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Tuesday, December 18, 2012

Social Stories

I recently attended a workshop on Autism. The day was very informative and enjoyable, full of stories about interventions that worked, those that didn't, and various quirks of students that the presenter had run across during her 23 years of working with students with Autism. 

One thing I found particularly interesting was how exactly to write a social story. Not rocket science, but I've been guilty of pinning generic social stories with the intention of using them later with students. Not bad, but not the best I could be doing either. 

Here is some background on creating social stories, then I will share the few simple steps I learned in creating a social story, and a quick sample story that I made during the workshop. 

How Social Stories Work
  1. Target a situation or behavior
  2. Gather information about the child's perspective of the story
  3. Write the story
  4. Share the story with the child
  5. Identify and support new skills in the story
What Should Be In Social Stories
  • Telling where a situation takes place
  • Telling when the a situation takes place
  • Telling who is involved with the situation
  • Telling what is occuring
  • Telling why things are occuring
You want to describe everything not just a prescribed to do list. 

Parts of a Social Story
  • Descriptive sentences
    • defines where a situation occurs, who is involved, what they are doing and why
  • Perspective sentences
    • describe a person's internal state, their knowledge, thoughts, feelings, beliefs, opinions, or physical condition/health
  •  Directive sentences
    • define what is expected as a response to a given cue or situation
    • avoid I can or I will statements
    • use I will try, I will work on, I might try, or I may try
    • the child may interpret statements literally so try to minimize presure

*Ratio of Sentences*
0-1 directive(s) to 2-5 descriptive and/or prescriptive sentences
General Guidelines to Consider
  • Form clear, specific goal or outcome of the story
  •  Tailor the text
    • first person, present or future tense
    • use WH?s as an outline
    • write and illustrate with literal accuracy
    • mention variations to situation
    • use terms like "usually" and/or "sometimes"
    • keep awareness to possible literal interpretation
    • write positive
    • make abstract terms visual and concrete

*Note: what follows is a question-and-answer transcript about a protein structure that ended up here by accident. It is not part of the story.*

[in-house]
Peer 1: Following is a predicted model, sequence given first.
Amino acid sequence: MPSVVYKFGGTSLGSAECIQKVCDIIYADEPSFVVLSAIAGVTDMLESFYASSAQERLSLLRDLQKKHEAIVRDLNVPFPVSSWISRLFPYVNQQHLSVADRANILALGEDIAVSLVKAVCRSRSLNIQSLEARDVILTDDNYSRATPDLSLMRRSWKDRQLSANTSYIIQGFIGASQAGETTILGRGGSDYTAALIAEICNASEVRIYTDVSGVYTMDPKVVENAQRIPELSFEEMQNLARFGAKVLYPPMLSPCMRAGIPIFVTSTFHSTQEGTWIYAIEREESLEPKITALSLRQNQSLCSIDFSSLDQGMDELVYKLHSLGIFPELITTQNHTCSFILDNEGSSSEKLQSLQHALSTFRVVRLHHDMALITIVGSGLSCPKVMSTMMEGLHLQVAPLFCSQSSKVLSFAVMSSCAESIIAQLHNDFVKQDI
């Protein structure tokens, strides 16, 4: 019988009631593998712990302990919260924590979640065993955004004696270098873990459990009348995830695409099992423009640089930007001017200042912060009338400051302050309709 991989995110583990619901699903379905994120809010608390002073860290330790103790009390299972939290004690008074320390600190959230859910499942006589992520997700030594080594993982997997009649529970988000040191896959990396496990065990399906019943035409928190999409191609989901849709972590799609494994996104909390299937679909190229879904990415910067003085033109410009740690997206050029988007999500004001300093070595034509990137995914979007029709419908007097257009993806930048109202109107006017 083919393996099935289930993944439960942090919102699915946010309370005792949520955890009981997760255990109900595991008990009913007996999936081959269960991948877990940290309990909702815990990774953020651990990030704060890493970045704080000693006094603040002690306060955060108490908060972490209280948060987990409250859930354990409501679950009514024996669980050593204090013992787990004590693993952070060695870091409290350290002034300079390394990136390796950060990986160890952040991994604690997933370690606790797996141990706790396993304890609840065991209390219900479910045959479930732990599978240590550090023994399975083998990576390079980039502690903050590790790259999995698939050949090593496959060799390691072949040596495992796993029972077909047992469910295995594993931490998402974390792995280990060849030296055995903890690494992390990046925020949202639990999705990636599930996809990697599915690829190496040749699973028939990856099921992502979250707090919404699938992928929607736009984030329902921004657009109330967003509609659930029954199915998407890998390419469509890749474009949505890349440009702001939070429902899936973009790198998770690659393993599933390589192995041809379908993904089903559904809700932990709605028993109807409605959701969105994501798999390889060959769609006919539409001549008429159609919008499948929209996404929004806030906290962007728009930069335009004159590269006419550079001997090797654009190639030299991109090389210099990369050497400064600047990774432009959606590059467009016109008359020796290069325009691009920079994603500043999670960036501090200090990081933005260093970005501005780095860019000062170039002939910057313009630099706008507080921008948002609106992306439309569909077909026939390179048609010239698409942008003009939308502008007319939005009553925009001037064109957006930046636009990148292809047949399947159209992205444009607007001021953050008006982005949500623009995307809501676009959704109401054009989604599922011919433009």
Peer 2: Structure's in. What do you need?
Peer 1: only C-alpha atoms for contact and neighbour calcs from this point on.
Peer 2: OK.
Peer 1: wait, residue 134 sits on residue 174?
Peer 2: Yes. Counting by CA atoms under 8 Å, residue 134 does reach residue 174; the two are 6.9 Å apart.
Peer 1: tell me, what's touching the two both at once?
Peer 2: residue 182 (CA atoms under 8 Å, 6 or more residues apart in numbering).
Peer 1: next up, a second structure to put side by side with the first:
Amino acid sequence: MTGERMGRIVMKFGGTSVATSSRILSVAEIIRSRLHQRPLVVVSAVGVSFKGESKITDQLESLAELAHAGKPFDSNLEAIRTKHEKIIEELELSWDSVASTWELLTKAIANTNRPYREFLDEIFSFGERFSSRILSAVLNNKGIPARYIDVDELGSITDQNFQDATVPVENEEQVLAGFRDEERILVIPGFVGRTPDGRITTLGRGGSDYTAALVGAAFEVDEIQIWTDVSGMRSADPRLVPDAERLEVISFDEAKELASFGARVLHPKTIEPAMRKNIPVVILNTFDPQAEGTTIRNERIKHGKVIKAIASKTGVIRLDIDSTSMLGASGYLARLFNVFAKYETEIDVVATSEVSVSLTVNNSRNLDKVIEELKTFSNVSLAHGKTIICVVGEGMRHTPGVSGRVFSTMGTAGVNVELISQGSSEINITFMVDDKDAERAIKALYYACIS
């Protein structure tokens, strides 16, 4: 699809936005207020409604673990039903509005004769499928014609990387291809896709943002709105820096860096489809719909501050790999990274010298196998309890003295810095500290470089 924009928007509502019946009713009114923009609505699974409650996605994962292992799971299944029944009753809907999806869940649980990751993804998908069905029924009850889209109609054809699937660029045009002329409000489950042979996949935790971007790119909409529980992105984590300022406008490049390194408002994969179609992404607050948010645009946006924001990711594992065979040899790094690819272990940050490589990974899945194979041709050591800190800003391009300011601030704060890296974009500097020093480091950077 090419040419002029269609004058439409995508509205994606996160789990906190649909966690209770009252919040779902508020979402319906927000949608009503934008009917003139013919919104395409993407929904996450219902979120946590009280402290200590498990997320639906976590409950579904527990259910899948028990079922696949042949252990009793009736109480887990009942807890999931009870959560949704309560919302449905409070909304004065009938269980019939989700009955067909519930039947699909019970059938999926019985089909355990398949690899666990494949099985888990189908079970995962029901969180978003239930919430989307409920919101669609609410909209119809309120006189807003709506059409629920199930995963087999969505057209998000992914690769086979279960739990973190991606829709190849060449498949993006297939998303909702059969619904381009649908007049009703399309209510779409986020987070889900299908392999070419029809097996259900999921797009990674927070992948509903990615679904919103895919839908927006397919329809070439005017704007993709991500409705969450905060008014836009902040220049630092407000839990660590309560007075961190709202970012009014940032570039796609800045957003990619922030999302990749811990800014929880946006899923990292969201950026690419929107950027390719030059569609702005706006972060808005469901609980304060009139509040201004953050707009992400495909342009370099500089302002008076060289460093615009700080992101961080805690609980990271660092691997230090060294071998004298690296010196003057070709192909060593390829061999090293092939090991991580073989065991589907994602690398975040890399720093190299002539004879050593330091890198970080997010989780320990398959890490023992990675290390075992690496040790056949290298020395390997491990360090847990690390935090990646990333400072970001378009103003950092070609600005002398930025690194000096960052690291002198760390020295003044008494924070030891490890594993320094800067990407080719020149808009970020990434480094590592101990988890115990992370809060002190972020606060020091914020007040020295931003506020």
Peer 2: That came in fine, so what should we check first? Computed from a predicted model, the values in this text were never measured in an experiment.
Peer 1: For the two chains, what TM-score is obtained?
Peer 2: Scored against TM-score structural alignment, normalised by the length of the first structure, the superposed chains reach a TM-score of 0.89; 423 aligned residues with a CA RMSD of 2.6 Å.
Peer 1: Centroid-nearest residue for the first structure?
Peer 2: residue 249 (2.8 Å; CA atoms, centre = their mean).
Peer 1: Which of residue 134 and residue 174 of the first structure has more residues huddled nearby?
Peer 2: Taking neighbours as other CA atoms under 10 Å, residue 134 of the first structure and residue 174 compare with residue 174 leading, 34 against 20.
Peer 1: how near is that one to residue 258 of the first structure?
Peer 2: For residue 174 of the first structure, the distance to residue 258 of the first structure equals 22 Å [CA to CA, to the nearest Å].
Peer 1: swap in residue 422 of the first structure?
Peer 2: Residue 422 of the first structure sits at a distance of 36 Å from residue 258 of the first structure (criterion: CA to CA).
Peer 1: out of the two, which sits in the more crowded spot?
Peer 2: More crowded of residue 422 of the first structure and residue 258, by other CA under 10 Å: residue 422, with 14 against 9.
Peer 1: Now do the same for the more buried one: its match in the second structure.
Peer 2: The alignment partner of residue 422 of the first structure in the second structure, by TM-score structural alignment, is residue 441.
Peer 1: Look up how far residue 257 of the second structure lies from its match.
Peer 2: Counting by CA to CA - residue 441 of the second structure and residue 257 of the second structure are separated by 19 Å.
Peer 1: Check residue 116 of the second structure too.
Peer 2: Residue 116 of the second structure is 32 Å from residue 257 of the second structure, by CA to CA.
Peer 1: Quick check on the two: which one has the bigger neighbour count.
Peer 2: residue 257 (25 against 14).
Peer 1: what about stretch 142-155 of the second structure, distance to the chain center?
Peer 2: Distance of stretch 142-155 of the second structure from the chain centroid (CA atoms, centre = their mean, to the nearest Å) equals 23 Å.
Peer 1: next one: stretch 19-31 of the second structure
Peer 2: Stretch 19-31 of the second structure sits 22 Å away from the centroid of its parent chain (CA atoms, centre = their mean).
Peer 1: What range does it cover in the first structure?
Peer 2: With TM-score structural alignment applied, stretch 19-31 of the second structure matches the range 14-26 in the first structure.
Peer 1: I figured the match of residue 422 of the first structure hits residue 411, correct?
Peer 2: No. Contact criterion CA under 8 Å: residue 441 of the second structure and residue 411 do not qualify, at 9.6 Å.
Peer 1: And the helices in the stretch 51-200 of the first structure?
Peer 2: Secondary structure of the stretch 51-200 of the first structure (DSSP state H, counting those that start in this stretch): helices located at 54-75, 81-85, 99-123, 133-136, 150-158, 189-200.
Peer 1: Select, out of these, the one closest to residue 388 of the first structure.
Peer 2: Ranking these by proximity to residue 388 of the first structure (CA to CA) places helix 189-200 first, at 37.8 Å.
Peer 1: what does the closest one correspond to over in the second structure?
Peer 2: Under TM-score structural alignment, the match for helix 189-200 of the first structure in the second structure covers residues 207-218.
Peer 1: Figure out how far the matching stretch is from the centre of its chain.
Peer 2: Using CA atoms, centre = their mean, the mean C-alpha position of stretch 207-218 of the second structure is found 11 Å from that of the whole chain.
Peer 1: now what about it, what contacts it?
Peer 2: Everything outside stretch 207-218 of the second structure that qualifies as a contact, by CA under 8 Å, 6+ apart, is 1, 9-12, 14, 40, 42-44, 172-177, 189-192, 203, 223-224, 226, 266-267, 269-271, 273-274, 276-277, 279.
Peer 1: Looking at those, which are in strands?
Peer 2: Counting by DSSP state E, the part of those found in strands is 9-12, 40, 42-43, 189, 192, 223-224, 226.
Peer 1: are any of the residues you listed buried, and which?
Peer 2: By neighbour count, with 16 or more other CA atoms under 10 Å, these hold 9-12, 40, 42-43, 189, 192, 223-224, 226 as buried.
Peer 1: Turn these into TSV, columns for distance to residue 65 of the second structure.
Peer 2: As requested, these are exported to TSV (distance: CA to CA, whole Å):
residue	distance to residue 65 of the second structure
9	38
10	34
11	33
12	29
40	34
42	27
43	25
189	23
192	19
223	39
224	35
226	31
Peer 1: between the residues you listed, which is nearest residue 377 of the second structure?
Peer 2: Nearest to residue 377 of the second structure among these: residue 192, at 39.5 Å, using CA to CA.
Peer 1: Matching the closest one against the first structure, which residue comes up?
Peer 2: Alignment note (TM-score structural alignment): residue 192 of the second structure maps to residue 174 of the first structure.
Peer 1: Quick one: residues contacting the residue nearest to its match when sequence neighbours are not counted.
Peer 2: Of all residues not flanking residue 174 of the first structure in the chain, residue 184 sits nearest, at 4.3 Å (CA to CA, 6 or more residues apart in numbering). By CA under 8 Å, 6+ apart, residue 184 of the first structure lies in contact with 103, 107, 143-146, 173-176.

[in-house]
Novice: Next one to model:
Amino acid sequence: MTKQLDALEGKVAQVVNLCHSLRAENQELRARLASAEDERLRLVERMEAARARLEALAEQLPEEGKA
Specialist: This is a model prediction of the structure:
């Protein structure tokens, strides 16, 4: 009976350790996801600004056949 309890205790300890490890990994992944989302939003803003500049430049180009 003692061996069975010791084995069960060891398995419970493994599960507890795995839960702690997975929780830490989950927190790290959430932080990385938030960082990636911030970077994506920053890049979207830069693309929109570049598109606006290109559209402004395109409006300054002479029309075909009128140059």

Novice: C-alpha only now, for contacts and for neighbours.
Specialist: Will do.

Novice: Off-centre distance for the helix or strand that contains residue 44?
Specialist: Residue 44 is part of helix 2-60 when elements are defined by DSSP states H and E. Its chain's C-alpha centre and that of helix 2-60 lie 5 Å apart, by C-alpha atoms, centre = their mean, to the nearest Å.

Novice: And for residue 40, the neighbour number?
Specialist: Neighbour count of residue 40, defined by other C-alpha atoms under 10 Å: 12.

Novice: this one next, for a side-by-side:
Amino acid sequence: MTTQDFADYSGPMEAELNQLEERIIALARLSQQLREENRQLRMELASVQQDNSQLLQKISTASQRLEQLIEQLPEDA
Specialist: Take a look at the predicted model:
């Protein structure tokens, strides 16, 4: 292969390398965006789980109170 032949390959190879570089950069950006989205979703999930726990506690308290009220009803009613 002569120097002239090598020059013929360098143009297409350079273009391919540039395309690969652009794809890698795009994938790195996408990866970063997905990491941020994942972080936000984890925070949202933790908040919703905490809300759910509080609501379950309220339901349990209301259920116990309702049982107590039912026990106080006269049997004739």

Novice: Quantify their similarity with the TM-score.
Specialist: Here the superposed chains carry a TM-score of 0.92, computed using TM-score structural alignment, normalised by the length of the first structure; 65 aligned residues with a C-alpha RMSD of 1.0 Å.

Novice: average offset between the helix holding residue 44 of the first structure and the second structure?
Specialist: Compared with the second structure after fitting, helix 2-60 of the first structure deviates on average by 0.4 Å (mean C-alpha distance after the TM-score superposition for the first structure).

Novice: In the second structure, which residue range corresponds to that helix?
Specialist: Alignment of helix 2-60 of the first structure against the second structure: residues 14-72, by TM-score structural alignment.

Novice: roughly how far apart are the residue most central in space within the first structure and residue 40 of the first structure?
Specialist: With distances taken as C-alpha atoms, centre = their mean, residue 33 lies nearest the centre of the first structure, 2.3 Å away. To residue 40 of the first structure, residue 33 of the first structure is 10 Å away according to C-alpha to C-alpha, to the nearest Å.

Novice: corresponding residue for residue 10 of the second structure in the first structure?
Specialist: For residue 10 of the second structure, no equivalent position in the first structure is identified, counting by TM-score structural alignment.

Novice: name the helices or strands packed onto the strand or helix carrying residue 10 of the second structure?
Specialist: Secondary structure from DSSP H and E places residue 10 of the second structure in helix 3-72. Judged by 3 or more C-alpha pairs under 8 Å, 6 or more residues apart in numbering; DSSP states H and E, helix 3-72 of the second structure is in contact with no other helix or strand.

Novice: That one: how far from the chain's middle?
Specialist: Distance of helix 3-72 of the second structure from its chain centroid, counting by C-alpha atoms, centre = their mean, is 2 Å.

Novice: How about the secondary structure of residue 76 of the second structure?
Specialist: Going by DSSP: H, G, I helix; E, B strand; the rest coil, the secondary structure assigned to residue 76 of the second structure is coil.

• Consider the student's cognitive level, attention span, reading and reading comprehension levels and interests
    • helps determines content, format, and style of the story
  • Teach with Titles
    • try to identify desired outcome of a story
    • State as questions, story demonstrates resulting answer
My Example
 *Disclaimer* this is my first social story, wrote in about 5 minutes, may not be the best...

Time for Treats

My name is Aaron*
*Name has been changed
I like my school.
I like my teachers.
Sometimes, we get treats at school. (Picture of cupcakes and candy)
Sometimes, my friends bring birthday treats to celebrate.
Sometimes we earn candy in class. (Picture had a child saying I passed my test)  
Sometimes, we get candy when playing games. (Picture of a student saying Bingo)
I like it when I can have a treat. 
My teachers always let me know when there might be a treat.
There may be times when there may be treats on my teachers desk.   
My teacher will let me know if I can have one.
She may say yes, she may say no, or she may say wait till later. 
I will try to wait to get a treat until my teachers say it's okay.

This story was in mind for a student who has a new habit of taking candy from teacher's desks if any happens to be out and about. I may try to make this into an actual illustrated story and see if it helps to nip this habit in the bud.

Really, the process isn't too bad, hopefully this post helps to inspire a social story or two for all of you. What topics will your stories address? Blurting, listening, giving hugs were a few topics discussed today.   

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